Harmonic Feedback, then Nico in Chasing Brooklyn, and now it is just so very much Étienne St. Clair in Anna and the French Kiss. I am falling under the spell of the nice guys and I really have very little to say for myself except this: I am charmed. Utterly charmed. You know my feelings on the fictional boys and the many flavors they come in. When a love triangle is involved, I can generally be found over in the bad boy camp. But these books I've read recently are just beautifully free of triangles and feature the genuine article as far as the boys go, allowing me to freely admire their charms. Which I have been doing. And believe you me, this latest one will waltz away with your heart. I've been looking forward to reading Anna and the French Kiss for quite some time now, ever since the spectacular reviews started churning out and I got that little knowing feeling in my gut. You know the one. It whispers of good things ahead and lures you with the promise of a reader/book match made in heaven. Or at the very least, in Paris. This release marks Stephanie Perkins' debut and it is a delightful one. I'm anxious and excited to see where she goes from here.
Anna Oliphant is being packed off to France without so much as a by-your-leave. Her famous and fatuous father has decided she should attend the prestigious School of America boarding school in Paris for her senior year of high school. Since her parents are divorced and her dad holds the purse strings, there is very little to be done about the whole thing but pack her bags, hug her friends goodbye, and leave Atlanta for the big unknown. Without a word of French under her belt, Anna arrives at her new school frightened and unsure of herself. Fortunately, her next door neighbor Meredith takes her under her wing and introduces her to her small circle of friends, including smart Rashmi, her goofy-but-talented boyfriend Josh, and one Étienne St. Clair--known to one and all simply as St. Clair. Anna has it pretty bad right from the start. You see St. Clair is kind of killing it in the attractive and interesting department. He's got the messy hair. He's got the English accent. He's funny and smart and up for anything. And the two of them hit if off immediately. But there is a fly in the ointment. Naturally. He also has a longtime girlfriend at a nearby college. And their mutual friend Meredith is in love with him. Which rather clearly spells steer clear for poor Anna. She resolves to be his friend when he needs her and focus on the amazing city she's come to live in, her growing film review site, and that boy back home she always wondered about. After all, it is the right and sensible thing to do. Isn't it?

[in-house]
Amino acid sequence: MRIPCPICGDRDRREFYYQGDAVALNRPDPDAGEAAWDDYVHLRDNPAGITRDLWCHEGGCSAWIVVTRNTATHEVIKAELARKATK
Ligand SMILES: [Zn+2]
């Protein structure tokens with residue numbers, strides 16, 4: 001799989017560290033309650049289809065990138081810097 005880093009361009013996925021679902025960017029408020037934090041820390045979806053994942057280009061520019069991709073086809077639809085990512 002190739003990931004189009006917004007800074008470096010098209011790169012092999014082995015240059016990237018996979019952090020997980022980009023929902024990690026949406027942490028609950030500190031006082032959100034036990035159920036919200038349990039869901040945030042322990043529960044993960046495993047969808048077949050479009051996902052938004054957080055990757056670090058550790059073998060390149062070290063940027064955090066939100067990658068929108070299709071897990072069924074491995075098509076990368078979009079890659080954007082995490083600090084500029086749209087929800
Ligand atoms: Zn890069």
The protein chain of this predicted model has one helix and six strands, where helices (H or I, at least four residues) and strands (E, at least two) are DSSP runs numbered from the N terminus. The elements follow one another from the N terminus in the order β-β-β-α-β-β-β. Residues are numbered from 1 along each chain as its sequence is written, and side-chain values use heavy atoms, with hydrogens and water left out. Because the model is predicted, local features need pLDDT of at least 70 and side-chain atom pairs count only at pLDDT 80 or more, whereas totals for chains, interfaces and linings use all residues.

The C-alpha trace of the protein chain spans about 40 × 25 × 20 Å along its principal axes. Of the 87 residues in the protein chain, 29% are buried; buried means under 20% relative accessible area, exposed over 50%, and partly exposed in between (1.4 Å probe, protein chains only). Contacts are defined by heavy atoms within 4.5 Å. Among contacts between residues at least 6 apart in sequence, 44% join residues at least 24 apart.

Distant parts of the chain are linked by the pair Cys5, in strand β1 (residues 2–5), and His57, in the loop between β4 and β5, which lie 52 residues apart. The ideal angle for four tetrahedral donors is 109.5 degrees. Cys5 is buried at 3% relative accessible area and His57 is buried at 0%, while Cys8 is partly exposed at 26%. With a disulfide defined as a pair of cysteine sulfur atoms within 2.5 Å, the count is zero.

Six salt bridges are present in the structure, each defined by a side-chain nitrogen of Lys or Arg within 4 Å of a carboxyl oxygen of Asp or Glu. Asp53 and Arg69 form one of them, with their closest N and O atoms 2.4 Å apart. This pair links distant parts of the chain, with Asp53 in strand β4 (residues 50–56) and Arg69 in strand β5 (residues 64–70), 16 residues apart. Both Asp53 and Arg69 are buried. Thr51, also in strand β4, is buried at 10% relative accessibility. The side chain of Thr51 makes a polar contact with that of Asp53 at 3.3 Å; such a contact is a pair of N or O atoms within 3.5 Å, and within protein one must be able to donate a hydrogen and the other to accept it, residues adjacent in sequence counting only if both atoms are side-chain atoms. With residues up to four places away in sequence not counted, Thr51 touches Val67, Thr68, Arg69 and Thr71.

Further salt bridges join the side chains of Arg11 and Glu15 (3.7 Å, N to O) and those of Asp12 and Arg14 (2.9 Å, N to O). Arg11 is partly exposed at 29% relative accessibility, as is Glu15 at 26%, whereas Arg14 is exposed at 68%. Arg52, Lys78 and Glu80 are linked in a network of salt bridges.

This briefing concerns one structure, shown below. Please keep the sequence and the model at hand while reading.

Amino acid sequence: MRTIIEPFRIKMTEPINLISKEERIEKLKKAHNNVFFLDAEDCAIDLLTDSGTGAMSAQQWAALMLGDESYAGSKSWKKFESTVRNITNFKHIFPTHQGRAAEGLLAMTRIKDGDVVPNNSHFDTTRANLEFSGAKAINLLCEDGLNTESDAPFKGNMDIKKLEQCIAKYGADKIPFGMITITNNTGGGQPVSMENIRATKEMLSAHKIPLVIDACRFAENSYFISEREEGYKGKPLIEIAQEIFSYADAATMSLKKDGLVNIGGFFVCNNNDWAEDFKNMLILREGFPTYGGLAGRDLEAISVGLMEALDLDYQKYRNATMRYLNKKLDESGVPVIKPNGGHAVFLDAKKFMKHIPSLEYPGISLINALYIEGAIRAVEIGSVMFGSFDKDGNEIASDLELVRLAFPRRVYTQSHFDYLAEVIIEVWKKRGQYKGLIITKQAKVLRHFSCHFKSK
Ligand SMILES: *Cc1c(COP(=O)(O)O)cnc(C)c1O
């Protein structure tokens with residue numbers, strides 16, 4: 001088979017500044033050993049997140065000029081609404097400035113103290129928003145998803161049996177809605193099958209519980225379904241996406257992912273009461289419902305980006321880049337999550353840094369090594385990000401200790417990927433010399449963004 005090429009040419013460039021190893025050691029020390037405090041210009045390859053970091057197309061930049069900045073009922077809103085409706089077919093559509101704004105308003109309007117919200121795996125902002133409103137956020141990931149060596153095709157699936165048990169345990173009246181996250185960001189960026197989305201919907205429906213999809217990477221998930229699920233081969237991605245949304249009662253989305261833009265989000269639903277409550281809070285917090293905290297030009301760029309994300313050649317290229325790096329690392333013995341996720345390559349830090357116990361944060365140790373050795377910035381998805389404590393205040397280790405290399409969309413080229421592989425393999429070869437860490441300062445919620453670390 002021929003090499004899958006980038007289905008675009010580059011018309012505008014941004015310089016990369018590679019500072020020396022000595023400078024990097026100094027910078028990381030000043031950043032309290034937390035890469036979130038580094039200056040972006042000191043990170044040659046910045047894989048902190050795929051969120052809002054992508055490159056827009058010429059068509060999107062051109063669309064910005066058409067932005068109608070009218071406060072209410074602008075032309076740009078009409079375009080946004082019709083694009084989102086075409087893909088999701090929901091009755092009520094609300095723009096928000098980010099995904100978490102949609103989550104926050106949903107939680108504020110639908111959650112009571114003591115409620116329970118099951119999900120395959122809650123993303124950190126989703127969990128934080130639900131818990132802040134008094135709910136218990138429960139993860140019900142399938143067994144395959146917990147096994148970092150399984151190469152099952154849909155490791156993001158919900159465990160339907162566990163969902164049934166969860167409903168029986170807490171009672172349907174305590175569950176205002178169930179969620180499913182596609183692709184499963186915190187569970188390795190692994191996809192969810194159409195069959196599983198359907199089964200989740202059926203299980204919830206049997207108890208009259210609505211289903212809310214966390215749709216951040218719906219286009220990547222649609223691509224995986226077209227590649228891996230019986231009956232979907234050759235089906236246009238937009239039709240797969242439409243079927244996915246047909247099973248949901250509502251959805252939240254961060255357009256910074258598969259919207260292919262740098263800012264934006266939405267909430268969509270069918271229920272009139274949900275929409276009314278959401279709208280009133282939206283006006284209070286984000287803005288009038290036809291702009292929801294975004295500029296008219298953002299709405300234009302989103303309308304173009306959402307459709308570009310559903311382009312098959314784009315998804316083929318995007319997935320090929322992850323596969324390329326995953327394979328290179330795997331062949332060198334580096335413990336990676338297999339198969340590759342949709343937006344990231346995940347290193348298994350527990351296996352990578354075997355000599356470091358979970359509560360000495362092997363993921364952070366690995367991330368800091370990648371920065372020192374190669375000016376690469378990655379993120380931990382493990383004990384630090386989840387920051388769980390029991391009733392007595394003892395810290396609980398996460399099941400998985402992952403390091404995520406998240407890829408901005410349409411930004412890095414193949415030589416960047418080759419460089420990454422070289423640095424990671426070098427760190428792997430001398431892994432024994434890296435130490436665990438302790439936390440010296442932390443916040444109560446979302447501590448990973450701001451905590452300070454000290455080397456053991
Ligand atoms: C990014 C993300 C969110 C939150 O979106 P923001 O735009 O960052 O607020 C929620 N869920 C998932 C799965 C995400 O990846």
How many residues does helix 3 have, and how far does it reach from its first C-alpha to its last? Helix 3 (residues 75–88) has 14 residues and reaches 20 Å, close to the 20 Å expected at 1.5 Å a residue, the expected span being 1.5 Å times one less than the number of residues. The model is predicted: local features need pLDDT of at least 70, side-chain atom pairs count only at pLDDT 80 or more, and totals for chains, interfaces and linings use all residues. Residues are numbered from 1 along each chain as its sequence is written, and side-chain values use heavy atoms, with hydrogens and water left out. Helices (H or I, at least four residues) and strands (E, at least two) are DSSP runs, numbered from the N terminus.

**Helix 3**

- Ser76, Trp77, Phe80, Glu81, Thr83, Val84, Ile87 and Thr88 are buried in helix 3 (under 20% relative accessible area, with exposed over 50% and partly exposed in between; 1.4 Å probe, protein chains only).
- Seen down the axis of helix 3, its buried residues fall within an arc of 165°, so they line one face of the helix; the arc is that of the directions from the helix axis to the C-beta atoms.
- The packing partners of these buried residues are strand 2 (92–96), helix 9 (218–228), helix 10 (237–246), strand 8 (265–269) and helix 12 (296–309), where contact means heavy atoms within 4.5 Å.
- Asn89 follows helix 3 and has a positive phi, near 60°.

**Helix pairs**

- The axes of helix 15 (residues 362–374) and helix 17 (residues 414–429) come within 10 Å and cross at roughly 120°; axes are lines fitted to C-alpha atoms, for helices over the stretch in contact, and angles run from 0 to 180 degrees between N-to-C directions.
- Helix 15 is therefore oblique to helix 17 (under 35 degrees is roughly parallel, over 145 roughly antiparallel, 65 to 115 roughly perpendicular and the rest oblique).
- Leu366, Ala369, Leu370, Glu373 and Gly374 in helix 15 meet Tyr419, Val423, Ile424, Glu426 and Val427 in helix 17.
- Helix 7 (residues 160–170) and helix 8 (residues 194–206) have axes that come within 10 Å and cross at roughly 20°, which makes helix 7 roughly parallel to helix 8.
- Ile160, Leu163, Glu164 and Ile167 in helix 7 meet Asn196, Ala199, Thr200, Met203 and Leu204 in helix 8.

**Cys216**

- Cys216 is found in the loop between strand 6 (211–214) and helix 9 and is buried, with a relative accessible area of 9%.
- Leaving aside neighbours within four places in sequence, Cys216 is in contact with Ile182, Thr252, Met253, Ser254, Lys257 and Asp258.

This book has everything going for it. A smart and relatable heroine, who has been thrust into an equal parts extremely enviable and most distressing situation. A handsome, short (!), boy with an accent, who is genuinely kind and thoughtful and attracted to our girl something fierce. A simply gorgeous setting, complete with lush descriptions of its food, sights, sounds, and smells. And a conflict that builds up to Eiffel Tower proportions before either of them can figure out what in the world to do about it. In other words, reading Anna and the French Kiss is like plopping down on the couch with a mug of hot chocolate, a plate of buttered toast, and nowhere else you need to be for hours. It's an perfectly pleasant read, the kind of contemporary young adult novel you're always looking for. The romance is divine, the characters so very real, and the atmosphere second to none. I did find myself wishing at times for a little more insight on Anna's part with regards to the obviously lackluster Toph and her need to be with him. But, you know, I admired the mature way she handled her friendship with a boy she was in love with and couldn't have. How many of us handle that with anything resembling poise in high school? And the nice thing is, I found myself frustrated with St. Clair at certain parts as well. I like that Stephanie Perkins carefully crafted such a swoon-worthy character and simultaneously had the guts to leave the flaws in as well. Because when one of the two characters is perfect, what need has s/he for the other? These two need each other. They make mistakes and they vacillate. It's messy and drawn out and hanging by a thread. And I wasn't always sure leading up to the end whether they deserved each other or not. But I wanted them to. And, in the end, it was just right. I loved it. Treat yourself to a sweet little confection for the holiday season and pick up a copy soon. Anna and the French Kiss is out today!
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